Thursday, October 25, 2007

Wildfires bring to light new multimedia efforts

Even though the SoCal wildfires aren't a local story, they have been on everyone's mind these last few days. With the latest advancements in interactive technology, we are able to stay informed on even microscopic news. Here's a roundup of what's happening online.

Quick links to user-generated content:; CNN's I-Report; MSNBC First Person; uReport and's i-Caught.

View Larger Map

The Google map embedded on this page, originally built by San Diego's KPBS, is one of the most complete maps out there. You can see where evacuations are occurring (red crosses), where volunteers are needed (the green horsemen) and which areas are safe to return to (green homes).

You may not have heard of Twitter, but it's an increasingly popular site that allows users to sign up for alerts in the form of text or instant messages as well as desktop alerts. John Edwards' presidential campaign made headlines when it began using Twitter to update supporters. Now, the LAFD is twittering users with traffic and fire updates. LATimes and KPBS jumped on the bandwagon, too.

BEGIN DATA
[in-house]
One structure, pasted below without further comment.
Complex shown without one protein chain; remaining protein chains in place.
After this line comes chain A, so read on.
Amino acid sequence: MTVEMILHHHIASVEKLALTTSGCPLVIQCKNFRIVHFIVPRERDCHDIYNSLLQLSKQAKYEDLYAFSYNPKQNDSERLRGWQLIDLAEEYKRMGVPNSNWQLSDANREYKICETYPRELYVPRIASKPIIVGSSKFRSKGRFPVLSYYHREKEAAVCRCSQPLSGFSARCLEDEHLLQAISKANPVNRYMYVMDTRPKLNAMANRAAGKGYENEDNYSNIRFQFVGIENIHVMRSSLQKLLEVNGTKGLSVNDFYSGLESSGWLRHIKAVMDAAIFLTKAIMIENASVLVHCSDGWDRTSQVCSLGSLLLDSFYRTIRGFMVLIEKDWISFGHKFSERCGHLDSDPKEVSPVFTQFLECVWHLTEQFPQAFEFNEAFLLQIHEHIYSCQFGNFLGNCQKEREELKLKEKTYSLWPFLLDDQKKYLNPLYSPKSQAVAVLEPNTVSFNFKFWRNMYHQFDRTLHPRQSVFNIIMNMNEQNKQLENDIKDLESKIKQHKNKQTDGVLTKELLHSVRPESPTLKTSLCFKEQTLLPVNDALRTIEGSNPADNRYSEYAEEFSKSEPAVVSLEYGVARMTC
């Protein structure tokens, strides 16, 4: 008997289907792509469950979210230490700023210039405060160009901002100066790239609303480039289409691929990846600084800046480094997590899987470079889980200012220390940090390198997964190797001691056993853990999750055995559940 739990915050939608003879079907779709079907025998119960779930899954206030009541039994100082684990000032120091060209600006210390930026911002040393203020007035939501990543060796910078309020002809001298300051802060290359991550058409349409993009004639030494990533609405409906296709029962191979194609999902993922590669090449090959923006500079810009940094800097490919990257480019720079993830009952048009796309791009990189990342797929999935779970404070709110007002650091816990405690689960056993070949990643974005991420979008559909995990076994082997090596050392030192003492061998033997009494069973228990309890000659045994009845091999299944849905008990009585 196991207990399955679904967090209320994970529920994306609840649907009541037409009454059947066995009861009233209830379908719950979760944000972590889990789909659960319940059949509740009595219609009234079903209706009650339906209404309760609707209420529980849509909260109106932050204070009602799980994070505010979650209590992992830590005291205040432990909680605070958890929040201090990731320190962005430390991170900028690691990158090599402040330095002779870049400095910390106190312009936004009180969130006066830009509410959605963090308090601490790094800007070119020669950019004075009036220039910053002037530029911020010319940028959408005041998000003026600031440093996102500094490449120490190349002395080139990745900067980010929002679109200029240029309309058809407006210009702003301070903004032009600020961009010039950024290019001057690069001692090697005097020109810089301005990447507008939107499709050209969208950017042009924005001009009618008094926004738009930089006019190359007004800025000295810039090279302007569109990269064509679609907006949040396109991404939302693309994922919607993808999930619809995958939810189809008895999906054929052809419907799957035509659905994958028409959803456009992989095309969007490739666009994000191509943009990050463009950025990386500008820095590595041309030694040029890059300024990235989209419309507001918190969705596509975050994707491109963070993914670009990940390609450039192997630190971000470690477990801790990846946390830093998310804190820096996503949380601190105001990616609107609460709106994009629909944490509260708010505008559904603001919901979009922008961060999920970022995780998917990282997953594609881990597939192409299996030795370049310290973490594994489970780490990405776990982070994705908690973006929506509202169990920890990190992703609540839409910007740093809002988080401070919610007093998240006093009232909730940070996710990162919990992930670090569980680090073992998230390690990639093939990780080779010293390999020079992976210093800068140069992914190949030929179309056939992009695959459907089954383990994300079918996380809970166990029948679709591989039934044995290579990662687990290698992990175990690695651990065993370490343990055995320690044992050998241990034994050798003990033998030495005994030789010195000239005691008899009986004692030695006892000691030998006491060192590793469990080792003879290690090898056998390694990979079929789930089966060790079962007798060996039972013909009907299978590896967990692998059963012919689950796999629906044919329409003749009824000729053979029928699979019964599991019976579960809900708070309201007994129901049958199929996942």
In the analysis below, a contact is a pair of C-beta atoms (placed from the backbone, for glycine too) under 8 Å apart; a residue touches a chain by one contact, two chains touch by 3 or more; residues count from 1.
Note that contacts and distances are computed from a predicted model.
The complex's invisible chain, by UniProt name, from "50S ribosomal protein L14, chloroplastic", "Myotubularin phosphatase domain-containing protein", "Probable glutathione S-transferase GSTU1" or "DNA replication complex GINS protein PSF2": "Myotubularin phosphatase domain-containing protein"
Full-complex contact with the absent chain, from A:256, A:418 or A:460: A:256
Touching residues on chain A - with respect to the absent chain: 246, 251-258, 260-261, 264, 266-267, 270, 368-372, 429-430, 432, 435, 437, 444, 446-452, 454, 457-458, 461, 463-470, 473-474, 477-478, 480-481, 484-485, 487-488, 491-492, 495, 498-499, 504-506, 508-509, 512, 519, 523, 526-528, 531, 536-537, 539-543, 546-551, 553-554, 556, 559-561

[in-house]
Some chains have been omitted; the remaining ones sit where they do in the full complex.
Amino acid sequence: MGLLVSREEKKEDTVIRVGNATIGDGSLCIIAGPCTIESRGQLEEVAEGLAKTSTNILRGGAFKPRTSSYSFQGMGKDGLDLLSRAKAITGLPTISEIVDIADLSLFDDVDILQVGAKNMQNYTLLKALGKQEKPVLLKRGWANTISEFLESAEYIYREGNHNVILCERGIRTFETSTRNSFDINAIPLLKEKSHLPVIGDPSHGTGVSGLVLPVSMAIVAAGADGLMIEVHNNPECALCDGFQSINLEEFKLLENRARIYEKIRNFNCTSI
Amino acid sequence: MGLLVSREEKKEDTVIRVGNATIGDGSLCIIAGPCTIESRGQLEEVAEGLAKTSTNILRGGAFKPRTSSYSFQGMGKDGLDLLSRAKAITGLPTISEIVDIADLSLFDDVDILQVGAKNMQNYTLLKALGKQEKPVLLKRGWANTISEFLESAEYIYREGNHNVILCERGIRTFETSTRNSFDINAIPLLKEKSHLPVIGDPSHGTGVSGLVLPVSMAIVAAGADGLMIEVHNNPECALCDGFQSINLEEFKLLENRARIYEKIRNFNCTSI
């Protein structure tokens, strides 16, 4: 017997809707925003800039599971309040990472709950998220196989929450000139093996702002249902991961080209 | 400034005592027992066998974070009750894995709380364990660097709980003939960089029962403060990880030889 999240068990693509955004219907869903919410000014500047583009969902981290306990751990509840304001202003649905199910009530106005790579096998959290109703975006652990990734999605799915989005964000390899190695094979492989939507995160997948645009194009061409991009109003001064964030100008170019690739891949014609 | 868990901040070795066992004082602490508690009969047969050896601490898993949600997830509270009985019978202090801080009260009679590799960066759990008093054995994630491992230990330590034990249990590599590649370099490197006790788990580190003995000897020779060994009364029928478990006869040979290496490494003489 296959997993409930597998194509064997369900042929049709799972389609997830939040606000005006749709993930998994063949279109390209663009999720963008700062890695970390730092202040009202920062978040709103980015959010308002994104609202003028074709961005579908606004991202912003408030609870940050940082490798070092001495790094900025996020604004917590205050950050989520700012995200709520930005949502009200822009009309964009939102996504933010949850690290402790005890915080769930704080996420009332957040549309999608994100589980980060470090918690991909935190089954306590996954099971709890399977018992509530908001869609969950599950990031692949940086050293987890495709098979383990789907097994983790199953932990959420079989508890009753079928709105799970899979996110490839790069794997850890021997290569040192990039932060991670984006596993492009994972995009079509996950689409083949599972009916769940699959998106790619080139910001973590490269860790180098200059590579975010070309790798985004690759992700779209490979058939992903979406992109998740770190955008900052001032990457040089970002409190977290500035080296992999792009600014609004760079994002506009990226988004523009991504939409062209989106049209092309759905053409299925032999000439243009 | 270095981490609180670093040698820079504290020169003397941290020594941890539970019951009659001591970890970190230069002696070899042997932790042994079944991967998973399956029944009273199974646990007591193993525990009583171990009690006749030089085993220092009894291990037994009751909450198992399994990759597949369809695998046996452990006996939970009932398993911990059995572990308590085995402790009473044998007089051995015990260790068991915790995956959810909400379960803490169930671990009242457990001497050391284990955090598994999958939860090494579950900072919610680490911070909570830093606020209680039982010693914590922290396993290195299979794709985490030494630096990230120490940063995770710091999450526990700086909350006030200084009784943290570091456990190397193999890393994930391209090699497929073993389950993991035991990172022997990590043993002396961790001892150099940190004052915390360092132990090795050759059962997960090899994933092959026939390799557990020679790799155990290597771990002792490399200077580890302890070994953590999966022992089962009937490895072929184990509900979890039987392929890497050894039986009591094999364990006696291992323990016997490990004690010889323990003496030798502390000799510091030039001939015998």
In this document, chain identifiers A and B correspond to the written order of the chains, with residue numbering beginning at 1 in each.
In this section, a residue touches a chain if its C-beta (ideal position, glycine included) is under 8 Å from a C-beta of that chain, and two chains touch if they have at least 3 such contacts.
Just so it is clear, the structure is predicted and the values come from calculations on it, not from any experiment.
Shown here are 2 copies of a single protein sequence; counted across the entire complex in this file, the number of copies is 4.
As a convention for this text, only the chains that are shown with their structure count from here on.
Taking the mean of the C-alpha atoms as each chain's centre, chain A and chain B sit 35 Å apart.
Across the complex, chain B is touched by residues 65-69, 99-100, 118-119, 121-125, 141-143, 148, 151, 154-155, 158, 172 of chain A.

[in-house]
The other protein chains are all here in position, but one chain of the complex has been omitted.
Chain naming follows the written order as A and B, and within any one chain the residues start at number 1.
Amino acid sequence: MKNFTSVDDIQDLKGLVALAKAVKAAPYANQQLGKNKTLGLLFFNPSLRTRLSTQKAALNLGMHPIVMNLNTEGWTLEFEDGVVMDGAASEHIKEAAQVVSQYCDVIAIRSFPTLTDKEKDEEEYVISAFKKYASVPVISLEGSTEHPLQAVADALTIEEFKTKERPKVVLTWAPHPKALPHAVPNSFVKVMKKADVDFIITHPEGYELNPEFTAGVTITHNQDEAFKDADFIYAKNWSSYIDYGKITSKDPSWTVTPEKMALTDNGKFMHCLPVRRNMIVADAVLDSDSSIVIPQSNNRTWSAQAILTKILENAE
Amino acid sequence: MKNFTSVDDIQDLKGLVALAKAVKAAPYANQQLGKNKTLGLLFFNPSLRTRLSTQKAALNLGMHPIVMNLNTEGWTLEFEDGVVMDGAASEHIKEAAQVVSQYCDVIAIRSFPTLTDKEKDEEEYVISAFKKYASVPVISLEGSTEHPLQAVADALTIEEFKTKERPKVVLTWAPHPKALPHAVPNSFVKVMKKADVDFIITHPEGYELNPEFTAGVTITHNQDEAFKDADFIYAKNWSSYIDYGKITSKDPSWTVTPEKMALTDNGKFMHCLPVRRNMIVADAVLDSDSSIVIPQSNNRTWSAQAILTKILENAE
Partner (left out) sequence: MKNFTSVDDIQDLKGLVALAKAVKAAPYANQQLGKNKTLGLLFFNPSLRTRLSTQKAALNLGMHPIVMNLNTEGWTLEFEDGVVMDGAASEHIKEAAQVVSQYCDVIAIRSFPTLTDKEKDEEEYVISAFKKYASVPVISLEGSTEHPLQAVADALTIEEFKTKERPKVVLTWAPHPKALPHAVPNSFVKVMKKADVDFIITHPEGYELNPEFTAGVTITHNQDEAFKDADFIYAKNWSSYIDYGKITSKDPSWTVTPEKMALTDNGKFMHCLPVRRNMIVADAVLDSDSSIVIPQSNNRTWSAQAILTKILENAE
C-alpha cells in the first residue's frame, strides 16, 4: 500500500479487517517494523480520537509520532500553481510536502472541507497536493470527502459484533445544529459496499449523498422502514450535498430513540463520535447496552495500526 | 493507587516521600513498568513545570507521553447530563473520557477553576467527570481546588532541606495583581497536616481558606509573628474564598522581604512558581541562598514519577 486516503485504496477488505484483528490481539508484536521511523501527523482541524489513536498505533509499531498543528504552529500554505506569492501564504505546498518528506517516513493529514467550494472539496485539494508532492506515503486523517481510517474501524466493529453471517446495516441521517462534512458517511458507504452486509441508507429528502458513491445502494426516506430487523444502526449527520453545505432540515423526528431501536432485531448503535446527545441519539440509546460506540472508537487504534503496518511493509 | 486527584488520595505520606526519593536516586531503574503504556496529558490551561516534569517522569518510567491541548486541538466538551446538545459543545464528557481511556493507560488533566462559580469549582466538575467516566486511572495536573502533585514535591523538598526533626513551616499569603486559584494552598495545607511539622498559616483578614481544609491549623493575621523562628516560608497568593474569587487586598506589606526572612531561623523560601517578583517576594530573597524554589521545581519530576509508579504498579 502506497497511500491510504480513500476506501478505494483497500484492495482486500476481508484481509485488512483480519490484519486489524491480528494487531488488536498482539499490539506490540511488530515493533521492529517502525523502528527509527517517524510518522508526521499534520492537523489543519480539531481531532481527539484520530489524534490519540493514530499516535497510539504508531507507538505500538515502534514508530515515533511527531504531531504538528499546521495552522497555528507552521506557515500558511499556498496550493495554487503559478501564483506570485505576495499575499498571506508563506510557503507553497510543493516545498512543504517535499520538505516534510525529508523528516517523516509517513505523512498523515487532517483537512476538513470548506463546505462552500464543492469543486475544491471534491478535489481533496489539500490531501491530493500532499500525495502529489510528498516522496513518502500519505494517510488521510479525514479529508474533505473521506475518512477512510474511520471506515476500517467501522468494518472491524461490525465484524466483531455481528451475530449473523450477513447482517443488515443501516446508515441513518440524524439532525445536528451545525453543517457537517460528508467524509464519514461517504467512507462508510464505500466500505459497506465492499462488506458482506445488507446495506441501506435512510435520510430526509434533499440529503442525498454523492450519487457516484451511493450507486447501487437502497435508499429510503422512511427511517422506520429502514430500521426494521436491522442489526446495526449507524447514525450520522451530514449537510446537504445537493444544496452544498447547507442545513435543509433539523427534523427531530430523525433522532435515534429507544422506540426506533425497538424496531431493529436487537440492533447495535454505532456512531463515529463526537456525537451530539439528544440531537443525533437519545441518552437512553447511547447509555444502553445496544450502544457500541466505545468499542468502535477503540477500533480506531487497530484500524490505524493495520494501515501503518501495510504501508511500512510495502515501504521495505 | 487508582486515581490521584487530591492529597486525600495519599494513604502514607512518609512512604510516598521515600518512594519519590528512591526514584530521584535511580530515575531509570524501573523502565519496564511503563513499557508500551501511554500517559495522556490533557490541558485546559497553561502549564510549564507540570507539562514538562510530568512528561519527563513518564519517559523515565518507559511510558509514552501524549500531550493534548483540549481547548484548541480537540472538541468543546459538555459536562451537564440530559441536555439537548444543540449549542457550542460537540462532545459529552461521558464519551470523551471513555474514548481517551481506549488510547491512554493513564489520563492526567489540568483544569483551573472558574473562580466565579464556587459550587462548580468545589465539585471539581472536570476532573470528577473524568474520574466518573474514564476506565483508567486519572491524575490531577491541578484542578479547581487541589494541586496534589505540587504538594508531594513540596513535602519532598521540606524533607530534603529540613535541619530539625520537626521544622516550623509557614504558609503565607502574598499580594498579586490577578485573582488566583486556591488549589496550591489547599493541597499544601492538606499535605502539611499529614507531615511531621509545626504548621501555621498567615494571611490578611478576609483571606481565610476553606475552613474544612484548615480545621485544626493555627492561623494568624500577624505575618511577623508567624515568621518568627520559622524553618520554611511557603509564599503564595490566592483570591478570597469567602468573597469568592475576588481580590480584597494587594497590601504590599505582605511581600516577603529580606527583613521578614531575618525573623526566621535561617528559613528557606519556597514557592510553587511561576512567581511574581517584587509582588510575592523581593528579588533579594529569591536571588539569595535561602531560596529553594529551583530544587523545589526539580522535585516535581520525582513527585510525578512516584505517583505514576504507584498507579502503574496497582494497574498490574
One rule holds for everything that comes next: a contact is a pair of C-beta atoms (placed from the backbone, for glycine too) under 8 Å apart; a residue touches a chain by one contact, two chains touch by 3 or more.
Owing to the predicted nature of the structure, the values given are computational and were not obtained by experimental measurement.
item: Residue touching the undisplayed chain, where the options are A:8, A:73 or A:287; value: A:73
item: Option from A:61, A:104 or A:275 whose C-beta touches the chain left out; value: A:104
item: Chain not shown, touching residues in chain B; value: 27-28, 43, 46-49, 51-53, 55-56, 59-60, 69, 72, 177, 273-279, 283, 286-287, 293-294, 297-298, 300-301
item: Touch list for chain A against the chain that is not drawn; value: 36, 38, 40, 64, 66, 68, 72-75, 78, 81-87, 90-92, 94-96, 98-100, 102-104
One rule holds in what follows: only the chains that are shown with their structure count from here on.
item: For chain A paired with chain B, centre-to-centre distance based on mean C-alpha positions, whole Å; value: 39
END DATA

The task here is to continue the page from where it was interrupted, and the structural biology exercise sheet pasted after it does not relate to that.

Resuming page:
On Achenblog, WaPo's Joel Achenbach
addresses the link between the wildfires and global warming that NBC made last night. His take:

Climate change didn't force people to build homes in dangerous places. Climate change didn't inspire the U.S. government to suppress fires for decades in places that have traditionally been prone to brush-clearing wildfires.

That doesn't mean we're not sympathetic to the plight of Californians, or folks in the Deep South who are wondering if they're going to run out of water next year because of the recent drought

-JACKIE SAUTER, Multimedia Editor

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